As attacks on women’s health increase, “When She Woke” seems less like science fiction and more like a conservative’s wet dream. Hillary Jordan’s second novel is an homage to Nathaniel Hawthorne’s “The Scarlet Letter;” Hester Prynne is Hannah Payne, and her sin is not adultery, but abortion. Instead of wearing a letter for her crimes, her whole body has been “chromed:” When she woke, she was red.
Jordan’s update to an old classic couldn’t be more timely. The correlations between Hawthorne’s nineteenth-century drama in a small New England community are eerily similar to present-day political maneuverings. Hannah’s illicit lover is the minister of a mega-church, and the Secretary of Faith of this futuristic United States. Hannah is a seamstress, like Hester, and makes daring knee-length skirts and key-hole blouses to wear in secret. After she’s arrested for having an abortion, Hannah bears her indignities alone, unwilling to expose the Reverend Aidan Dale as an adulterer:
“…I would have been compelled to name Aidan as the father or go to prison for contempt until I did. Because they would have notified the state paternity board, subpoenaed him, had him tested, ordered Ignited Word to garnish his wages for child support. Destroyed his life and his ministry. Because I loved him, more than our child. And still do.”
After being released from her mandatory chroming and thirty-day stay in televised prison, she enters a religious halfway house for other reds, where they can repent their sins while free from the dangers of the outside world (chromes are easy targets for vigilantes). Each woman must make a doll representing her unborn child, name it (guess what name Hannah chooses), and apologize daily for taking its life. Hannah performs these duties mostly willingly, until she finds this life intolerable and follows another red back into the world where they hope to find a way to live out their sentences in peace.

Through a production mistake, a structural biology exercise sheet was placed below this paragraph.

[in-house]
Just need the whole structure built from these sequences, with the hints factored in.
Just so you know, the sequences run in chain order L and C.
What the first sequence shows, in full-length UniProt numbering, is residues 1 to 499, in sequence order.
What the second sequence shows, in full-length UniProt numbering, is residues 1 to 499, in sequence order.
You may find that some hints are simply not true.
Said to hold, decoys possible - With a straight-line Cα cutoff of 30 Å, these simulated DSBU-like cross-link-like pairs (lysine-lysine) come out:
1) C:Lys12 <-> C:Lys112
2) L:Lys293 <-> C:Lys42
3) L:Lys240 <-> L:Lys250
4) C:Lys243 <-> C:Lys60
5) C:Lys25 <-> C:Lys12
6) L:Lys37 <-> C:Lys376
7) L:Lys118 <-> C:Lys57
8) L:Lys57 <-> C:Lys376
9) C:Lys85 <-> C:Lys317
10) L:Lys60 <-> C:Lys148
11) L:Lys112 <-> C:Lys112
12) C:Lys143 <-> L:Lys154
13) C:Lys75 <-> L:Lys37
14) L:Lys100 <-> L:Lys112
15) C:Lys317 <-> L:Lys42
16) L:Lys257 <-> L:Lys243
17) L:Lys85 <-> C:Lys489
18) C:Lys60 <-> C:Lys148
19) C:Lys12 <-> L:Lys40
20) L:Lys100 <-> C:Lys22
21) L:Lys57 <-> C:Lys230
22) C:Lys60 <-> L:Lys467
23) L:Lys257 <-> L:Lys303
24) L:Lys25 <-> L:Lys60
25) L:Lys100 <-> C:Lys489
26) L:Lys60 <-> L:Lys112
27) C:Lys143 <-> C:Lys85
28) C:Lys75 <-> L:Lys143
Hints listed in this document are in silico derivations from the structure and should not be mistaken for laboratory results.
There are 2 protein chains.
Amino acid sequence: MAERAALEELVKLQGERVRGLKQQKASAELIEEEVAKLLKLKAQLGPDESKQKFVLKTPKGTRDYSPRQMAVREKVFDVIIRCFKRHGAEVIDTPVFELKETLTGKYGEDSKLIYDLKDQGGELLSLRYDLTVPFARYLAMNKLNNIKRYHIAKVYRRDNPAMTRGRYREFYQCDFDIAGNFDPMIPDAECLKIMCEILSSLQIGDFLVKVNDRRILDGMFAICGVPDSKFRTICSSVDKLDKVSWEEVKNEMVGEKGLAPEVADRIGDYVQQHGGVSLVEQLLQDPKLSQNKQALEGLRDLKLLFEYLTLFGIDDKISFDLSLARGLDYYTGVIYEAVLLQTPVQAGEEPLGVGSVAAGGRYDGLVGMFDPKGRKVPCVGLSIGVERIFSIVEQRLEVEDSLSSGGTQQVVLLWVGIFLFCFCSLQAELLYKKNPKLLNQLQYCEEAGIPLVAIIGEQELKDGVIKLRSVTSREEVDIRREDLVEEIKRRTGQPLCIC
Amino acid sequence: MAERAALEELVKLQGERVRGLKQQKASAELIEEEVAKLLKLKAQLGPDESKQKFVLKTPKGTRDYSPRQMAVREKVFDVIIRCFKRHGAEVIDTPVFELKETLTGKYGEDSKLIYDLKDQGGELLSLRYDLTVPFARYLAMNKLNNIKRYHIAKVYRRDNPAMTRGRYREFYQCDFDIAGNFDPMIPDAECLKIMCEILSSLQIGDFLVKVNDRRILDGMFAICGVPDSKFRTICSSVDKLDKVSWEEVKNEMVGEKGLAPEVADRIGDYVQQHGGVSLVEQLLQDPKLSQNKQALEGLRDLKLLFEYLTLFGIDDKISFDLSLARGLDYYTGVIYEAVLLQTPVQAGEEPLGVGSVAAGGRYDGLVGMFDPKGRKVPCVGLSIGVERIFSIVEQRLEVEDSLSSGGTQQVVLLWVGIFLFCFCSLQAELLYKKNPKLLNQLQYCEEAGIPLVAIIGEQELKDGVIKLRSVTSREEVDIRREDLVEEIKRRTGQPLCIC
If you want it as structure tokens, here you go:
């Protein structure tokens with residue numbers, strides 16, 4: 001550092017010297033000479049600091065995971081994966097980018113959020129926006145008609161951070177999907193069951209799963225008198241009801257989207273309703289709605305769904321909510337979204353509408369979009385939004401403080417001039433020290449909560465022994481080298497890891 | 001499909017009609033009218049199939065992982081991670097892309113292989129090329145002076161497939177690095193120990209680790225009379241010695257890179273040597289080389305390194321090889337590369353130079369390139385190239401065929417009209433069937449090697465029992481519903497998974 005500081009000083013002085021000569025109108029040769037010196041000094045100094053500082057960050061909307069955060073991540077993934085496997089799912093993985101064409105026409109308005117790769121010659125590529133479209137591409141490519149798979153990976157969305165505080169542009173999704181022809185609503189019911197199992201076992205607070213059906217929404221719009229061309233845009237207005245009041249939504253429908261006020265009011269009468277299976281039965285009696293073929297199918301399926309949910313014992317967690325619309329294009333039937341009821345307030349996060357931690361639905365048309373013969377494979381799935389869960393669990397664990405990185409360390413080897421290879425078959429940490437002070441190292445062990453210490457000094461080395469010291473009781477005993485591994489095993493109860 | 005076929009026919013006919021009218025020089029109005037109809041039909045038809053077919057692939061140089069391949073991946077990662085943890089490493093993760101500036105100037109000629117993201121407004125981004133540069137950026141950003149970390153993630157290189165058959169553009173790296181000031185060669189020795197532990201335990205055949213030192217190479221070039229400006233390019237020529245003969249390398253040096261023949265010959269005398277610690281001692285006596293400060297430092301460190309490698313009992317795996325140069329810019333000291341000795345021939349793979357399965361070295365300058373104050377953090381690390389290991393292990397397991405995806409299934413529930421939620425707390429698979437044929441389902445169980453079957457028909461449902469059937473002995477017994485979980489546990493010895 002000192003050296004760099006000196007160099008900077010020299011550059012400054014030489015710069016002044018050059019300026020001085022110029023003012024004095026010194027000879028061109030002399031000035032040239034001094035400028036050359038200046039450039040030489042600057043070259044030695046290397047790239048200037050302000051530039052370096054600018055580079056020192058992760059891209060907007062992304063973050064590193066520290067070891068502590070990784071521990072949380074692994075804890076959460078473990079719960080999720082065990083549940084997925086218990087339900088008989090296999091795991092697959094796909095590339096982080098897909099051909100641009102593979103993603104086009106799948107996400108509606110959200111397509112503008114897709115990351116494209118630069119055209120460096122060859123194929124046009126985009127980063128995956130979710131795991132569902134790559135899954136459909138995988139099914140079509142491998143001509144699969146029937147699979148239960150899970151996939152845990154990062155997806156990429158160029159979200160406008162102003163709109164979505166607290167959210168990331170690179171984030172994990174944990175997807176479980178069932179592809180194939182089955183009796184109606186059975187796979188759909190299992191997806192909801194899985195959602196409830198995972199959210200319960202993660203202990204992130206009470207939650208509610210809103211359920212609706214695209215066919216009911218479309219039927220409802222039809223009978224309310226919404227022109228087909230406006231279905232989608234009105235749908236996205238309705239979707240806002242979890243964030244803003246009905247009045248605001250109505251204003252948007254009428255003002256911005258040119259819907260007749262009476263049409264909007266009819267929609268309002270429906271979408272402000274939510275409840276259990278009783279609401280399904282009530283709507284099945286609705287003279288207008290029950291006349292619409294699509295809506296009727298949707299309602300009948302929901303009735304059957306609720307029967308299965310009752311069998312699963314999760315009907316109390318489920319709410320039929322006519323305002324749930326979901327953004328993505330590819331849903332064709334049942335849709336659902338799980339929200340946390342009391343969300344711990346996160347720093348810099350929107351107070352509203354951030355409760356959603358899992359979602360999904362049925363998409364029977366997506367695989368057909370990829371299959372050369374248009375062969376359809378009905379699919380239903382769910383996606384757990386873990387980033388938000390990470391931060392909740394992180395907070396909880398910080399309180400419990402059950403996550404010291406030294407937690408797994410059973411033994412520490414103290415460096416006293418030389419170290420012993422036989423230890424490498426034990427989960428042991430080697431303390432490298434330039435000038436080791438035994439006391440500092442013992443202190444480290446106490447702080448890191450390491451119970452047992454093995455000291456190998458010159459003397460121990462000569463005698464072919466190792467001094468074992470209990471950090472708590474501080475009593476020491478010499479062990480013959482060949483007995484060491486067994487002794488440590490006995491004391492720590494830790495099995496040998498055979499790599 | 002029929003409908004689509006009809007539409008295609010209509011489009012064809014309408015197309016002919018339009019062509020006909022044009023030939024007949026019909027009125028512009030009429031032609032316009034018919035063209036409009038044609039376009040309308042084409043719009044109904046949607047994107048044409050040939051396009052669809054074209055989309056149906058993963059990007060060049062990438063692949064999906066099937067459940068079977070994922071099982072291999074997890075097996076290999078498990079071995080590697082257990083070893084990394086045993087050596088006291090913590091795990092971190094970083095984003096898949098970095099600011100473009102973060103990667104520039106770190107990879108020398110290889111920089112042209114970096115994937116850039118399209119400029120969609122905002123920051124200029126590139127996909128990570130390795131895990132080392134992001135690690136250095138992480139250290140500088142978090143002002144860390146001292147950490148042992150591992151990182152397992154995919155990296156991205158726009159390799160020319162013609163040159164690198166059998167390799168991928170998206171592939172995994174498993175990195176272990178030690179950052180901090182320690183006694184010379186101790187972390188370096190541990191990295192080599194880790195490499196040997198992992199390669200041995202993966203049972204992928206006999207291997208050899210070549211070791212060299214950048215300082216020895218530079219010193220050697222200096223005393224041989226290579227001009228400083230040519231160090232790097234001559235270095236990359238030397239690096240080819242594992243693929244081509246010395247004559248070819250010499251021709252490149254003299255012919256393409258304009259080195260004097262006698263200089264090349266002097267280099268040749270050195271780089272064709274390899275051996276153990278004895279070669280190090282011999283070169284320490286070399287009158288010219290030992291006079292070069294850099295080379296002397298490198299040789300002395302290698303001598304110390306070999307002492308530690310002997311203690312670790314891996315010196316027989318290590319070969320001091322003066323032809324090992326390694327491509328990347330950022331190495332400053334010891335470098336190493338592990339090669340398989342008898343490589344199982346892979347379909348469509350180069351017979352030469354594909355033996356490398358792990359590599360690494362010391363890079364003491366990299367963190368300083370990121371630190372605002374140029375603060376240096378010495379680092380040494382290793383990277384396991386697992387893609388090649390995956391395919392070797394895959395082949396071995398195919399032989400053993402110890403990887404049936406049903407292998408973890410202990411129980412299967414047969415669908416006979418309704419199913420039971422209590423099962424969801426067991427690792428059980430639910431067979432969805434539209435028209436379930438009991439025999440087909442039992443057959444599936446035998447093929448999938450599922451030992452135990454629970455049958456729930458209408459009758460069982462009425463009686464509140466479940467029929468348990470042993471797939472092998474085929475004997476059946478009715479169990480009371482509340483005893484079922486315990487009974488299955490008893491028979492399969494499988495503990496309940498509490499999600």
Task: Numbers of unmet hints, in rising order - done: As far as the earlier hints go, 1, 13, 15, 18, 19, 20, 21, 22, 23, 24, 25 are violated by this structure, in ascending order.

Although the author seems to be coming from a place that’s pro-woman and pro-choice, the decision to make Hannah a religious fundamentalist who believes she has “killed” an “innocent” for the sake of her lover’s career comes off as more than a little heavy-handed. Hannah’s slow journey toward recognizing her own personhood comes late, following laborious musings on, for example, why only men are free to wear pants. What was most likely the author’s effort to create a character who believably moves from one end of a spectrum to another is often confusing—is the book pro-woman or not? At its worst, “When She Woke” seems to be written for readers half a century ago, to convince them that women should be educated and encouraged to be full members of society, not to mention respecting their reproductive choices. Unlike the standard bearer of the futuristic, anti-women society, “The Handmaid’s Tale,” Jordan is less skilled at creating an immersive society in which the characters live and breathe. We can’t all be Margaret Atwood, after all. But at its best, this book might encourage the budding feminist reader to consider the complexity of reproductive choices. Hannah learns a phrase that serves as a kind of password: “It’s personal”—an obvious nod to the Second Wave Feminist refrain, “The personal is political.” Learning that lesson can be a long journey. (Kelly Roark)
“When She Woke”
By Hillary Jordan
Algonquin Books, 352 pages, $24.95